For a number of reasons, I've long been suspicious of doping charging based on positive nandrolone tests. The latest news adds fuel to the fire. Although letsrun.com's front page points out that "unstable urine" would only result in, at most, one "false positive" per 1,000 tests, the USA Today article states that, "In 2004, WADA's 33 accredited labs worldwide found traces of nandrolone in about 300 of 170,000 tests. In 2003, they found about 250 in 130,000 tests." Assuming one "false positive" per thousand tests, that suggests that more than half of the positive nandrolone tests may have been "false positives." That's a lot of careers and reputations destroyed by inadequate testing protocols.
I think that when the spate of nandrolone positives started many of us assumed that this was either endogenous or contamination in supplements (probably both). As you say it's a rather poor choice for anyone who wanted to deliberately cheat and this had been known for a long time, also some of the positive tests came in sports where there would be no performance enhancement reason to take anabolic steroids. Of course at that time the testers had a zero tolerance for nandrolone metabolites and only later introduced a threshold so you can be sure that 'non-dopers' were banned then. I would think that doping with nandrolone is significantly less frequent than suggested by the test results.
Is there any evidence that deliberate doping with exogenous nandrolone is anywhere near the levels reflected in the frequency of positive tests? I have the impression that nandrolone is an unlikely choice for dopers, since detectable quantities of the metabolites remain in the body for a relatively long time, and the anabolic effects of nandrolone aren't significantly greater than what could be achieved with other, less easily detectable steroids.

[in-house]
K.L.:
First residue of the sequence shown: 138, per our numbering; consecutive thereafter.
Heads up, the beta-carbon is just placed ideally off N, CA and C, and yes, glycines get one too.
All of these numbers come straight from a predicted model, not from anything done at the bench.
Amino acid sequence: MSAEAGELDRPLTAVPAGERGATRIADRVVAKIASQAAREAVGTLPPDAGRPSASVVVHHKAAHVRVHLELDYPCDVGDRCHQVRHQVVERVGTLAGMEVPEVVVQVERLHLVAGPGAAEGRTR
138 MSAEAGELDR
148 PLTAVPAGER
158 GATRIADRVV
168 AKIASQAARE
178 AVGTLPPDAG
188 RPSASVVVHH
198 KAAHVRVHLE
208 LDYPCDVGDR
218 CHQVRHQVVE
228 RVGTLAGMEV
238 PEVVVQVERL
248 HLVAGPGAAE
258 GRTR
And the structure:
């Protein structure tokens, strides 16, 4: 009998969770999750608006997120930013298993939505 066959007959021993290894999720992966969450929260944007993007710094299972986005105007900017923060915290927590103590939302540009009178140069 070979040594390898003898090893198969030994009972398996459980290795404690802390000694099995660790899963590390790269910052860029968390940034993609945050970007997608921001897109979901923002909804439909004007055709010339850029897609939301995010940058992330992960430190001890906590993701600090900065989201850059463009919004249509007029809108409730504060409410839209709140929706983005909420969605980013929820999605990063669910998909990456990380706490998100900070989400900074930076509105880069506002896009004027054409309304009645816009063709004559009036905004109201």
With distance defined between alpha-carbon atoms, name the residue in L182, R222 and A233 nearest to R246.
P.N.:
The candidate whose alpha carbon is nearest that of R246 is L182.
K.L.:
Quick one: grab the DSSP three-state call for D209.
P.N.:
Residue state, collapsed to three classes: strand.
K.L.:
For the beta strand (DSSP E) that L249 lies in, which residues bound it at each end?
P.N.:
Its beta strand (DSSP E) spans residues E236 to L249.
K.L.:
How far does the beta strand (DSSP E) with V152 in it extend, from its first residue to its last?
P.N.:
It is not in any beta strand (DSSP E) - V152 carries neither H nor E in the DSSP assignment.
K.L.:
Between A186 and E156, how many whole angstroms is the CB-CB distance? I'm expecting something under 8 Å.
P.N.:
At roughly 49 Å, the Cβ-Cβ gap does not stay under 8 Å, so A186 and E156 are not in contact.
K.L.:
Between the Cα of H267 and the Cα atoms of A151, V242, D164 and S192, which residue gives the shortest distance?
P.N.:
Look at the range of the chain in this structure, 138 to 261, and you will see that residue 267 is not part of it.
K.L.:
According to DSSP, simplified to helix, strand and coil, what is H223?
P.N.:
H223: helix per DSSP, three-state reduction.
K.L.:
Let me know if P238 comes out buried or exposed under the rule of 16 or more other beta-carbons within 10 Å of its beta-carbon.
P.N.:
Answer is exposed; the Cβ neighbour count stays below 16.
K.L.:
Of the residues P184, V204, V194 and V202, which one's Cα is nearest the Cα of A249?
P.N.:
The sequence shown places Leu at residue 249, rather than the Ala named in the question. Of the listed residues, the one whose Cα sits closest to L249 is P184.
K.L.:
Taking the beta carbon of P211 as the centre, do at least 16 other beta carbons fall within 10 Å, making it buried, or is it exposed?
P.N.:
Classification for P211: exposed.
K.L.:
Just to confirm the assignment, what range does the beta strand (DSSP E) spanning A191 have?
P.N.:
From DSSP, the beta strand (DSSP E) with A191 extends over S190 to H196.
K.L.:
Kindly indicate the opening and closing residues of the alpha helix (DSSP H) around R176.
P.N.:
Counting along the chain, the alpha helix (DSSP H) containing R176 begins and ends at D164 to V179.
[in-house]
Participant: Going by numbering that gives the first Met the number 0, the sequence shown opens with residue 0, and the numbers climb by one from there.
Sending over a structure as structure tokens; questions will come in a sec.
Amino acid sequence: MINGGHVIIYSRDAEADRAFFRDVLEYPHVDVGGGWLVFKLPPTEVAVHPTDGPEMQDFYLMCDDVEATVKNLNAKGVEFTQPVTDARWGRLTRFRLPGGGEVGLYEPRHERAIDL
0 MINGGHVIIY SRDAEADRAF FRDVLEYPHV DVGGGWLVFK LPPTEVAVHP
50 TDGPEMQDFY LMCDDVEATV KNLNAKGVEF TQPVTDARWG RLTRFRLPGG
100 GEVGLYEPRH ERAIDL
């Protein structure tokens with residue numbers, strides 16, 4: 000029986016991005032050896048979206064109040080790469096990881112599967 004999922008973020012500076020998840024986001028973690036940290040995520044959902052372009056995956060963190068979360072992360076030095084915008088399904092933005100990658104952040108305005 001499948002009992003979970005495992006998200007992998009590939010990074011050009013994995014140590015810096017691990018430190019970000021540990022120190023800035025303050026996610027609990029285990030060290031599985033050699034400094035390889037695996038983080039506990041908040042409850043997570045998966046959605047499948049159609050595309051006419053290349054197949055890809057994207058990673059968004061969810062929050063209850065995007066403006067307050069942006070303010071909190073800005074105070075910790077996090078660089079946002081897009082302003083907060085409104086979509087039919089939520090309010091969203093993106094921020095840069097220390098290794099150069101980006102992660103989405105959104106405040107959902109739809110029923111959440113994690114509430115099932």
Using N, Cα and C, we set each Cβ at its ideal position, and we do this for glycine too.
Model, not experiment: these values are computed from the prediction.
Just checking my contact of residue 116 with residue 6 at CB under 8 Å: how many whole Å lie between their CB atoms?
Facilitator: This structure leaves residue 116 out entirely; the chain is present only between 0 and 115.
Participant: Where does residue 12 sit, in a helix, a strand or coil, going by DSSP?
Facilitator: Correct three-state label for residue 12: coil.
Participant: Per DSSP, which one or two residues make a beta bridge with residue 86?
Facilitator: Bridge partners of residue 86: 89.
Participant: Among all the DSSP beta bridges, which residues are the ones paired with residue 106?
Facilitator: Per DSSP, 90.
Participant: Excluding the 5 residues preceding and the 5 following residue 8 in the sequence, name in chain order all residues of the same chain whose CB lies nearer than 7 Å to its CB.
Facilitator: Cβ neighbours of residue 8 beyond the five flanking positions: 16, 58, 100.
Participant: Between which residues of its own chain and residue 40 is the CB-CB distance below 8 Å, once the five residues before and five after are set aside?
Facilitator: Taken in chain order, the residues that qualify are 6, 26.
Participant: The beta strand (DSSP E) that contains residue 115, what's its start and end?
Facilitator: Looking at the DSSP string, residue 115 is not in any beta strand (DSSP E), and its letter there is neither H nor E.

19-norandrosterone and 19-noretiocholanolone can occur naturally at levels in excess of the 2ng/ml limit and the concentration can increase by a factor of 4 after exercise. Until 1996 the IOC regarded any level of these metabolites as evidence of doping with nandrolone but later introduced the threshold (although an arbitrary one without scientific foundation). It's quite likely that a number of the observed positives referred to result from endogenous 19-norandrosterone and 19-noretiocholanolone.
I suggest you do a Google search for the following:
C. Ayotte wrote:
Spreading wrong information is not helpful. The threshold was/is based upon observations made in the labs testing athletes' samples. No, the concentration of metabolites is not increased with exercise (when tested in controled environment). Yes,the metabolites are detectable for months after an injection of nandrolone. However, the supplements of norandrostenedione and norandrostenediol, available for oral self-administration until January 2005 in many countries, were producing the same metabolites, detectable during approximately one week. This is the source of many positive findings since 1997, along with results due to supplements containing those steroids without mention on the label.
You are assuming that mathamatical independence which is very much not the case. If the situation arises where endogenous metabolites exsist or there is contamination, the A/B sample will correlate very well but both be FALSE POSITIVES!
Classified Ads wrote:
Do not ignore the fact that False positive rates are for one sample. False positives from both samples would be extremely low. Since you have less than a one in a thousand chance of seeing a false positive, the odds of both A and B being false positive jumps to 1 in a million or more.